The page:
Home Equality & Justice Pope Francis decries bombing of school in Myanmar

Pope Francis decries bombing of school in Myanmar

“This week I heard the cry of grief at the death of children in a bombed school,” said the pope in his message during Angelus

Pope Francis on Sunday, September 25, decried the continuing violence in Myanmar that killed several children following the bombing of a school in the past week.

“This week I heard the cry of grief at the death of children in a bombed school,” said the pope in his message during Angelus.

“We see that in today’s world there is a trend for bombing schools,” he added. “May the cry of these little ones not go unheard! These tragedies must not happen!”



In particular, the pope mentioned Myanmar where for “more than two years that noble country has been martyred by serious armed clashes and violence, which have caused many victims and displaced persons.”

At least 11 schoolchildren died in an air strike and firing on a Myanmar village in the past week, according to the United Nations children’s agency.

The Southeast Asian country has been in chaos since the military seized power in a coup in February last year, with nearly 2,300 civilians killed in a crackdown on dissent according to a local monitoring group.

The Myanmar Institute for Strategic and Policy Studies (ISP-Myanmar) said 2,930,201 internally displaced persons (IDPs), or slightly more than 5% of Myanmar’s population of 54.4 million, have fled violence in the country.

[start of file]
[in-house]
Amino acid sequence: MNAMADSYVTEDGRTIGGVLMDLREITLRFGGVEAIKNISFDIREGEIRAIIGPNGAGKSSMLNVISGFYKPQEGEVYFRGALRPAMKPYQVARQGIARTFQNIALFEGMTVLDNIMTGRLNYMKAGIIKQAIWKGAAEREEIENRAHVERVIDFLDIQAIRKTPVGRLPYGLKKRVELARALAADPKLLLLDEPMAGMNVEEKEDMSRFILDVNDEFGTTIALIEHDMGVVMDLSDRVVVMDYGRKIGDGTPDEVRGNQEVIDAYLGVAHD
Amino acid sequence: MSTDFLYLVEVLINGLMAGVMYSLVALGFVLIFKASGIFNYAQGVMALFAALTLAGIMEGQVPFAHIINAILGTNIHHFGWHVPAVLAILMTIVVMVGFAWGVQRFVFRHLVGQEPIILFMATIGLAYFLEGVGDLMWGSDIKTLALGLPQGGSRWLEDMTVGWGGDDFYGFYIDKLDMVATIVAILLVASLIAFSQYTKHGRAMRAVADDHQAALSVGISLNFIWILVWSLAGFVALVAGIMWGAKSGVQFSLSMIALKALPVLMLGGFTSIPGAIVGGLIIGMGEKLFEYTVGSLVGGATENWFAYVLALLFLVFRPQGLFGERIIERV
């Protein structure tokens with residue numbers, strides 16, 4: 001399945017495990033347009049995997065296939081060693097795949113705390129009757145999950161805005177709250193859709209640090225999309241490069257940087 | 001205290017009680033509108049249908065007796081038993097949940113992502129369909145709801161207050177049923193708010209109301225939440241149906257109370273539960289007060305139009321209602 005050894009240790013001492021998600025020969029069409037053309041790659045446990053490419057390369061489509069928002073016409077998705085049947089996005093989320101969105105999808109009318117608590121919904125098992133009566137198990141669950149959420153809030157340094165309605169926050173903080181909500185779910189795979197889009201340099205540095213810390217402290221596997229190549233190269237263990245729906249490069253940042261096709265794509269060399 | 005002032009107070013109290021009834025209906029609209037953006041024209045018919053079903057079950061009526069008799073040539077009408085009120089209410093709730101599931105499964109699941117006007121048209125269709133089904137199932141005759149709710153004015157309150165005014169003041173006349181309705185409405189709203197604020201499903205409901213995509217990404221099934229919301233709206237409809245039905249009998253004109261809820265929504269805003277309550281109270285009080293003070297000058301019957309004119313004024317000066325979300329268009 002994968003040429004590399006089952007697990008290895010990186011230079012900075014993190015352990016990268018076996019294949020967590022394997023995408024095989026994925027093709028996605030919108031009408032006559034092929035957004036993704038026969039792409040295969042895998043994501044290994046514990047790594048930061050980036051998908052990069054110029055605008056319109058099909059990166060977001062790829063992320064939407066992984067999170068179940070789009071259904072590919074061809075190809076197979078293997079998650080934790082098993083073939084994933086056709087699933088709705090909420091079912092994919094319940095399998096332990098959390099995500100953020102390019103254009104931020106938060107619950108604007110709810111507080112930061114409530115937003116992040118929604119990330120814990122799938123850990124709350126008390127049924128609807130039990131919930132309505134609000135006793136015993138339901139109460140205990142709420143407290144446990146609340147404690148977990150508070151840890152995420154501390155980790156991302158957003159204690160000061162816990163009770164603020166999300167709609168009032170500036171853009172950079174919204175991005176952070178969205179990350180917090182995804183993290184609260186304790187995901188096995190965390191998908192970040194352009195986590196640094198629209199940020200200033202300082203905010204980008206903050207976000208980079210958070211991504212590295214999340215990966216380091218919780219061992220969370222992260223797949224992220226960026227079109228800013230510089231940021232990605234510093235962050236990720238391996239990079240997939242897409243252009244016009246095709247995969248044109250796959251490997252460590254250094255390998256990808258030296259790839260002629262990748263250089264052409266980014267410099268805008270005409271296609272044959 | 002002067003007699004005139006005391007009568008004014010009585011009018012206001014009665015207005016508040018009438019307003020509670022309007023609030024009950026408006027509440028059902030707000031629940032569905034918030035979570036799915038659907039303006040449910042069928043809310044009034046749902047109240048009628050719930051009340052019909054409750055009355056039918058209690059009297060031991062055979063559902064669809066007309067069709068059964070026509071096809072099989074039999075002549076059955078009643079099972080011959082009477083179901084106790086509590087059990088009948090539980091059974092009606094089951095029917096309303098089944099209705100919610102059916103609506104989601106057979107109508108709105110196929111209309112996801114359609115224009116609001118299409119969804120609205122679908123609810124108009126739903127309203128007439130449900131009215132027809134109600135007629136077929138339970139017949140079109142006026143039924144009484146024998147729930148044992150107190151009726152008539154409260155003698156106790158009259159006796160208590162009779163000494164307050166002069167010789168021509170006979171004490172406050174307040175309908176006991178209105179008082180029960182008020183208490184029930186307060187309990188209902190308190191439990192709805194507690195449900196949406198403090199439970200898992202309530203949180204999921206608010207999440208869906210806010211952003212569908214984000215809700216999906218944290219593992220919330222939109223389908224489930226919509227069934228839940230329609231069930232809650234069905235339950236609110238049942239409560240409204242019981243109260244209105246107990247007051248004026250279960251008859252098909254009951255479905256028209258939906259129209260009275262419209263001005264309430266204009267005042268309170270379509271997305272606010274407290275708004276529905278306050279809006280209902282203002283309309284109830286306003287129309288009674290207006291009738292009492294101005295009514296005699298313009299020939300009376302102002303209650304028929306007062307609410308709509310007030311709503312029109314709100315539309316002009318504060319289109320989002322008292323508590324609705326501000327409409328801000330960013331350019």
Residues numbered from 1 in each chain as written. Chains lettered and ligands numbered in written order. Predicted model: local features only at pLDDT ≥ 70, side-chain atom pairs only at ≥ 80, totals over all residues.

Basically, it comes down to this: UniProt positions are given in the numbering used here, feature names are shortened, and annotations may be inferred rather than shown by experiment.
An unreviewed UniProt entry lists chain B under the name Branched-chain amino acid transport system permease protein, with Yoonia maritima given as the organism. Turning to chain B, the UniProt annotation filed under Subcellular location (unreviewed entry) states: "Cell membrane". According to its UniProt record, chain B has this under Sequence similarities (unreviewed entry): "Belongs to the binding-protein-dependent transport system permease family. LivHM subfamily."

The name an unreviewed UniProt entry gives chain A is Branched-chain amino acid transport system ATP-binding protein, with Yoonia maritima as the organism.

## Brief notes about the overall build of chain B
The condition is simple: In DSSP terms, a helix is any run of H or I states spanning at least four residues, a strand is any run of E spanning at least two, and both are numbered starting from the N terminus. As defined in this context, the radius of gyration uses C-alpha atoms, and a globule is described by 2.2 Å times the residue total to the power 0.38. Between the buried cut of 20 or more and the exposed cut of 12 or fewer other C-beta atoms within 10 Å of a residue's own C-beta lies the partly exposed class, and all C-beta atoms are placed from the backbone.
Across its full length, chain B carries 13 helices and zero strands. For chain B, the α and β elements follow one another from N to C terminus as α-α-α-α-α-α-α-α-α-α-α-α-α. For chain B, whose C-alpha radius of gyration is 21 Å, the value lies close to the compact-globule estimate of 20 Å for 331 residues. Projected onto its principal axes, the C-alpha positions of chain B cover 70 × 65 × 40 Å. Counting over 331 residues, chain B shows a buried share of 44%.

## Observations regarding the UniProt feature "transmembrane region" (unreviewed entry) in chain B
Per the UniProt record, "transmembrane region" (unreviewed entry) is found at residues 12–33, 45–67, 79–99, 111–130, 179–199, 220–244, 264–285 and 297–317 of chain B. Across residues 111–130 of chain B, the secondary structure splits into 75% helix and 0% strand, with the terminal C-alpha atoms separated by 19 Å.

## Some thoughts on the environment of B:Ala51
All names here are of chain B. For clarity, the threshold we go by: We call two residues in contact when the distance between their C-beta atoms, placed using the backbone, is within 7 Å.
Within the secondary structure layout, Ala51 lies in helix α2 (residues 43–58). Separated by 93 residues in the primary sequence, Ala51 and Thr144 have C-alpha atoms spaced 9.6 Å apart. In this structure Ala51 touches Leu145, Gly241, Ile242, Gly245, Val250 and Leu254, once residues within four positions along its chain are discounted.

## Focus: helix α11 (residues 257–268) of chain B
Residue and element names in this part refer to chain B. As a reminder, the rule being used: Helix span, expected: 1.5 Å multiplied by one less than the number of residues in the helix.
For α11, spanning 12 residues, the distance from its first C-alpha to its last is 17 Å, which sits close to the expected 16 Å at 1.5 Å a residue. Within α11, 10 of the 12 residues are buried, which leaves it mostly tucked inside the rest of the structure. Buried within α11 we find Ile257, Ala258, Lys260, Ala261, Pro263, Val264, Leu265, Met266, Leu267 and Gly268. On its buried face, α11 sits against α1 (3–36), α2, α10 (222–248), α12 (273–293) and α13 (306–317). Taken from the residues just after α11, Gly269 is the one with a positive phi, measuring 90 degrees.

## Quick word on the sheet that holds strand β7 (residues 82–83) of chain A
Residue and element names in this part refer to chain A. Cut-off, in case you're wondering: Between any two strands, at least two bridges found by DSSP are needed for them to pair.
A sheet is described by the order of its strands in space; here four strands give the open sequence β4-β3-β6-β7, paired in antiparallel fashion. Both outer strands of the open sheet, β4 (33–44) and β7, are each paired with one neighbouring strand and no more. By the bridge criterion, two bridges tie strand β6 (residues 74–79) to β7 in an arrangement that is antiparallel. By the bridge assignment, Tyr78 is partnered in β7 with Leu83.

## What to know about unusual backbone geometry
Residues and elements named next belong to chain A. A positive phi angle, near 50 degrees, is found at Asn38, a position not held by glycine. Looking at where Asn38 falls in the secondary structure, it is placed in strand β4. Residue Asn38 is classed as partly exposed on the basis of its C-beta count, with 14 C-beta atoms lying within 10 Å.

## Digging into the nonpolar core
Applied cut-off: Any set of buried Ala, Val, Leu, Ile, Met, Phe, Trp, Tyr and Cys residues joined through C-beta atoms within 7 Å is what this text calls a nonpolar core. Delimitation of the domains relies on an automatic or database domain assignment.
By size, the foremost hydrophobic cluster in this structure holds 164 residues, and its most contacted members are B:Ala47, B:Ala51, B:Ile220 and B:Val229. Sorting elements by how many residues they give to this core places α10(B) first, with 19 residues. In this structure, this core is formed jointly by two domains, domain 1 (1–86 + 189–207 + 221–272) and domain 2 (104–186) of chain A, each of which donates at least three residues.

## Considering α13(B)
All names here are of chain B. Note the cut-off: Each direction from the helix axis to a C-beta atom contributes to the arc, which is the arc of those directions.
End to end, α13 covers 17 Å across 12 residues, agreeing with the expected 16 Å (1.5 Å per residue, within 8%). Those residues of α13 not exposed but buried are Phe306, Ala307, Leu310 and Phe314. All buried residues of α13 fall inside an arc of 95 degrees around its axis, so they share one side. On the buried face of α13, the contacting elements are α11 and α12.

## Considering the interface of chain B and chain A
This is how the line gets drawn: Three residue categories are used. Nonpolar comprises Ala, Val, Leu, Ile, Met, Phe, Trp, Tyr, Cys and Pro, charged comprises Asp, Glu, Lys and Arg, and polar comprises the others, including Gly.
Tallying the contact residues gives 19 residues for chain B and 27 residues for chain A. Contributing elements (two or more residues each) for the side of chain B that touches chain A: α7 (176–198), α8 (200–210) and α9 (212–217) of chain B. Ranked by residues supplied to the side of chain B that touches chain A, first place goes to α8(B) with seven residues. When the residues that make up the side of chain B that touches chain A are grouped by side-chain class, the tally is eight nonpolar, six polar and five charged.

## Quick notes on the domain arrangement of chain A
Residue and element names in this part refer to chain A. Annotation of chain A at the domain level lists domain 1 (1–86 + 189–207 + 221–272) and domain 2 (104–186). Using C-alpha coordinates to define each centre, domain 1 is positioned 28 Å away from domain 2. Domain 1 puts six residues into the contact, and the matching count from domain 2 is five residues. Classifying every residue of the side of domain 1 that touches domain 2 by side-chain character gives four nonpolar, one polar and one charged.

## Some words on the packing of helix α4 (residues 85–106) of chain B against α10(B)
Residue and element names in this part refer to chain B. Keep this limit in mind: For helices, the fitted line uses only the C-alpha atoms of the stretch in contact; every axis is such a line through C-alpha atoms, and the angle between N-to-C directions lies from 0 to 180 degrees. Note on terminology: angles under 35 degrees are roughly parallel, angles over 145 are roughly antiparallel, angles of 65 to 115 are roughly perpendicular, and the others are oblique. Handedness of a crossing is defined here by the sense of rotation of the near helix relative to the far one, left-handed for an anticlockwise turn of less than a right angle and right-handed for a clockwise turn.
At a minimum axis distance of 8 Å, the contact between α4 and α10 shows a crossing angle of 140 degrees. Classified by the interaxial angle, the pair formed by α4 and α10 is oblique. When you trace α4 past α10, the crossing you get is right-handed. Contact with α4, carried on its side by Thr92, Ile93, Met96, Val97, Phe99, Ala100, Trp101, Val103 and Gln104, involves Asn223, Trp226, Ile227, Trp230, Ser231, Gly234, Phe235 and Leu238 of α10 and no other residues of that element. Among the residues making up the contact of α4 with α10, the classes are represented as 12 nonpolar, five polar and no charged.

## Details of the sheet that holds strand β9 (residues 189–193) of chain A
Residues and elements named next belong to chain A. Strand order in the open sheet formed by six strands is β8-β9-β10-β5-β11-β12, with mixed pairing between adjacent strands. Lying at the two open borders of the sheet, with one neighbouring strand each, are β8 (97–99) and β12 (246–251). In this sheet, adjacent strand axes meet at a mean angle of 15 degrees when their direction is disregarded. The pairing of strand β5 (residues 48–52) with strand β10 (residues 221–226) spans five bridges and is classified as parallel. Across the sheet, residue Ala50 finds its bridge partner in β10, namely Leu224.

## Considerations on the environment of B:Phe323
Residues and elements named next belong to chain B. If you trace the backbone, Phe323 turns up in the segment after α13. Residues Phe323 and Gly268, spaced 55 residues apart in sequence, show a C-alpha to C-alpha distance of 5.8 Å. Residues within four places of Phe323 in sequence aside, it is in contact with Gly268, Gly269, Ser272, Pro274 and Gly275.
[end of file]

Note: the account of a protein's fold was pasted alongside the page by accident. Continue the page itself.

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It said 1,413,811 of them, or 48%, fled Myanmar amid the conflict that followed the Feb. 1, 2021, putsch.

According to ISP-Myanmar, the number of people in Myanmar who were classified as IDPs due to civil war more than doubled to 1,019,190 after the coup from 497,200 prior to the takeover.

The research group said its list was compiled from data obtained by organizations that assist refugees in conflict zones, international aid groups, ethnic armed groups, and reporting by independent media. It said the data had been checked and confirmed by its researchers.

ISP-Myanmar senior research officer Kyaw Htet Aung told RFA Burmese that all combatants in Myanmar must adopt measures to reduce civilian suffering.

“IDPs do not have full access to humanitarian aid at present and their number is rising month by month,” he said.

“How are we going to solve the problem? All the adversaries must pay more attention to military codes of conduct to minimize harm to civilians. If they can do that, I think civilian suffering would be substantially reduced. Additionally, IDPs must have better access to international aid.”

According to ISP-Myanmar, 533,833 people displaced by violence since the coup are from Sagaing region, where the military has encountered some of the fiercest resistance to its rule over the past 19 months.

Aid workers told RFA that fighting between the military and the armed opposition is intensifying and spreading rapidly throughout Myanmar, resulting in a substantial increase in the number of IDPs and civilian casualties. – with a report from Radio Free Asia

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